***

Grace, mercy, and peace to you from God,
      and from our Savior Jesus the Christ. Amen
 Today, in stark ways, we’re reminded of our mortality – ashes to ashes, dust to dust.
      As we collect ourselves together as community, we’re reminded that none of us,
            not one,
      will escape that return to dust.
 Those who are older,
            and those who are sick in significant ways
      will likely return to dust sooner than the young and healthy.
But even that’s not always the case –
      we all probably know of young and healthy people
            who well before they should have.
 The truth is that, no matter who we are,
      each of us even in this moment is approaching the ashes,
            the ‘ashes to ashes’ ashes,
                  and also the ashes here in worship
      and we approach ashes together –
            old and the young together;
            ill and the well together;
            parents and children together.
 The mark on our forehead, which we’ll receive in a few moments,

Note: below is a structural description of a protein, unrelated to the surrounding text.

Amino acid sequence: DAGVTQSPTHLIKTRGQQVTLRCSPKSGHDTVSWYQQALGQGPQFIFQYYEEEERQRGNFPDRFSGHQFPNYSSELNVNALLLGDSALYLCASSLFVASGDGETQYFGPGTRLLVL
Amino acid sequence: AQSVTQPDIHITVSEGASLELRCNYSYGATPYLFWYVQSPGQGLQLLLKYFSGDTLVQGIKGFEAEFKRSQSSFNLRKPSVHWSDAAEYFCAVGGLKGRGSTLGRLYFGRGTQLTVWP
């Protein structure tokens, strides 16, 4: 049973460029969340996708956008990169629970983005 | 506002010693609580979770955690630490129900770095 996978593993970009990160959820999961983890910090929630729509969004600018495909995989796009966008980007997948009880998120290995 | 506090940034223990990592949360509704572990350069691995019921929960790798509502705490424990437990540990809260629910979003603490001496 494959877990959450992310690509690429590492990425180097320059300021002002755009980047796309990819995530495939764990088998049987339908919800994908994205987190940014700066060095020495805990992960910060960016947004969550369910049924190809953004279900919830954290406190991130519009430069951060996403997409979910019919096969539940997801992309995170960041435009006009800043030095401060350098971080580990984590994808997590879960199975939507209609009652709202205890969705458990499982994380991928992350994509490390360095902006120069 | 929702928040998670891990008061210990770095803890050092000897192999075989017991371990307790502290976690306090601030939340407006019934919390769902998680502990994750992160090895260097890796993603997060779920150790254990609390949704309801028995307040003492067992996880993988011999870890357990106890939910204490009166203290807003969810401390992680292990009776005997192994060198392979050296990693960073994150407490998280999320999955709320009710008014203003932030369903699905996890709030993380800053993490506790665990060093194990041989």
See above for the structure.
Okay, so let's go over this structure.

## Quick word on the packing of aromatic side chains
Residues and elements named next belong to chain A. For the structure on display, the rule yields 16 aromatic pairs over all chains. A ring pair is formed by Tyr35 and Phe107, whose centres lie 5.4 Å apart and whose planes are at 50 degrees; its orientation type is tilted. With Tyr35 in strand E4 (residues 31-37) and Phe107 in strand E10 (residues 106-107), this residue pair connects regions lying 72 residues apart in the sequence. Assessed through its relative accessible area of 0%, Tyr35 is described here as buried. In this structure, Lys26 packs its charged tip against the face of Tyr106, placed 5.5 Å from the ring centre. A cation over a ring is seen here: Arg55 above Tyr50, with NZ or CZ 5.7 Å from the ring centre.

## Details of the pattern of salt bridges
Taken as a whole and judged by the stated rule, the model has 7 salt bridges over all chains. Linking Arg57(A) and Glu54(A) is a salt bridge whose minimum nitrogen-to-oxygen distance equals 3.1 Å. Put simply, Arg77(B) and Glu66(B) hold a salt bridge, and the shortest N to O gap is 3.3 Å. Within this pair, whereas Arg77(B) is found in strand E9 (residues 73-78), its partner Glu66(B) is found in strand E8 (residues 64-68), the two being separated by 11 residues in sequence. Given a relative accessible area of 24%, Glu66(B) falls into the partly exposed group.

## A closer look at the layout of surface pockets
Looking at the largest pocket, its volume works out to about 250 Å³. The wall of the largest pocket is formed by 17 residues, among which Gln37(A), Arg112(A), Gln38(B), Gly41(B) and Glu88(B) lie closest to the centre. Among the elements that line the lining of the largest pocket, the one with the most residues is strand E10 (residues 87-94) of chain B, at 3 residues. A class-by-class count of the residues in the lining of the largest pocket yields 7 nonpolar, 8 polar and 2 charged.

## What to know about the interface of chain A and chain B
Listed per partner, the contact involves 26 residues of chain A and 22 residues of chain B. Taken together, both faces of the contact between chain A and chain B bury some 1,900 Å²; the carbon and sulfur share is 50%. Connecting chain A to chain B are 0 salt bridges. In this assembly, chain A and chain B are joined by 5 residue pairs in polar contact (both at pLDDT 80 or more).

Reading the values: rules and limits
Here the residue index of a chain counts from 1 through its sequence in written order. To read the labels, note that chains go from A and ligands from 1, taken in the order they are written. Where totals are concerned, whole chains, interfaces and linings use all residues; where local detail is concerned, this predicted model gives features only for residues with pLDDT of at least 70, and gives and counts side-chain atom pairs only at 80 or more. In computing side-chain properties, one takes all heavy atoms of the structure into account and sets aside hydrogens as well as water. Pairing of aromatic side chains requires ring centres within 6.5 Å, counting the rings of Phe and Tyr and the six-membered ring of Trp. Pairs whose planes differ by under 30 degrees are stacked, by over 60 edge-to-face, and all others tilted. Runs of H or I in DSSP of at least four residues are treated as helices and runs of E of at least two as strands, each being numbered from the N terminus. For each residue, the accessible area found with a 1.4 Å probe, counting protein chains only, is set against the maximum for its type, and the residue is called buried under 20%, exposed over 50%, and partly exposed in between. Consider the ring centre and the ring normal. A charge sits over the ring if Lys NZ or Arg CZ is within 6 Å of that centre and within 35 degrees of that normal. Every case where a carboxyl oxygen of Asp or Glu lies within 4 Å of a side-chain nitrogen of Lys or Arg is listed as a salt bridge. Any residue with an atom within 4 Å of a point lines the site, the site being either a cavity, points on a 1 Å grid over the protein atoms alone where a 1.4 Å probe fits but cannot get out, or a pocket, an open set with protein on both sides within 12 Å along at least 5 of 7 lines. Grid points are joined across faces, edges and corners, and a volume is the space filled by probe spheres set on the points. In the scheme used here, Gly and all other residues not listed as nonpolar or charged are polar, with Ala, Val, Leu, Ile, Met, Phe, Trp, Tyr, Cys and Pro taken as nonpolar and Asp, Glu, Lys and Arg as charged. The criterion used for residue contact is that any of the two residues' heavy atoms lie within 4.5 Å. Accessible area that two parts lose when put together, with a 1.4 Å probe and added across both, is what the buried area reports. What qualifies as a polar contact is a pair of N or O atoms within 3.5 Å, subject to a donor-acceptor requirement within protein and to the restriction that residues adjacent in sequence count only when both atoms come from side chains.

serves as a stark reminder that the wages of sin is death –
            we are dust, and to dust we shall return.
      And at the same time,
            the dusty mark on our forehead that we’ll receive
                  traces the seal of the Holy Spirit,
                        which always is there on our forehead, ever a reminder of our baptism.
 So we approach the ashes today, and we approach our God,
            claiming the promise of our baptism;
 and we approach our God echoing the psalmist:
      Have mercy, O God,
            according to your steadfast love,
            your abundant mercy
      we know we transgress and trespass
            sin, and fall short of God’s glory
 Today we’ll approach this altar twice
      once, to be reminded of our mortality
            our sin, our brokenness and our need for God’s mercy
 and a second time to receive into our very bodies
      the promise of wholeness
            and of forgiveness & mercy
                  and of new life
 Blessings to you, and to all of us, as we enter this holy season.
      May we encounter God in new and surprising places and ways.
 In the name of Christ. Amen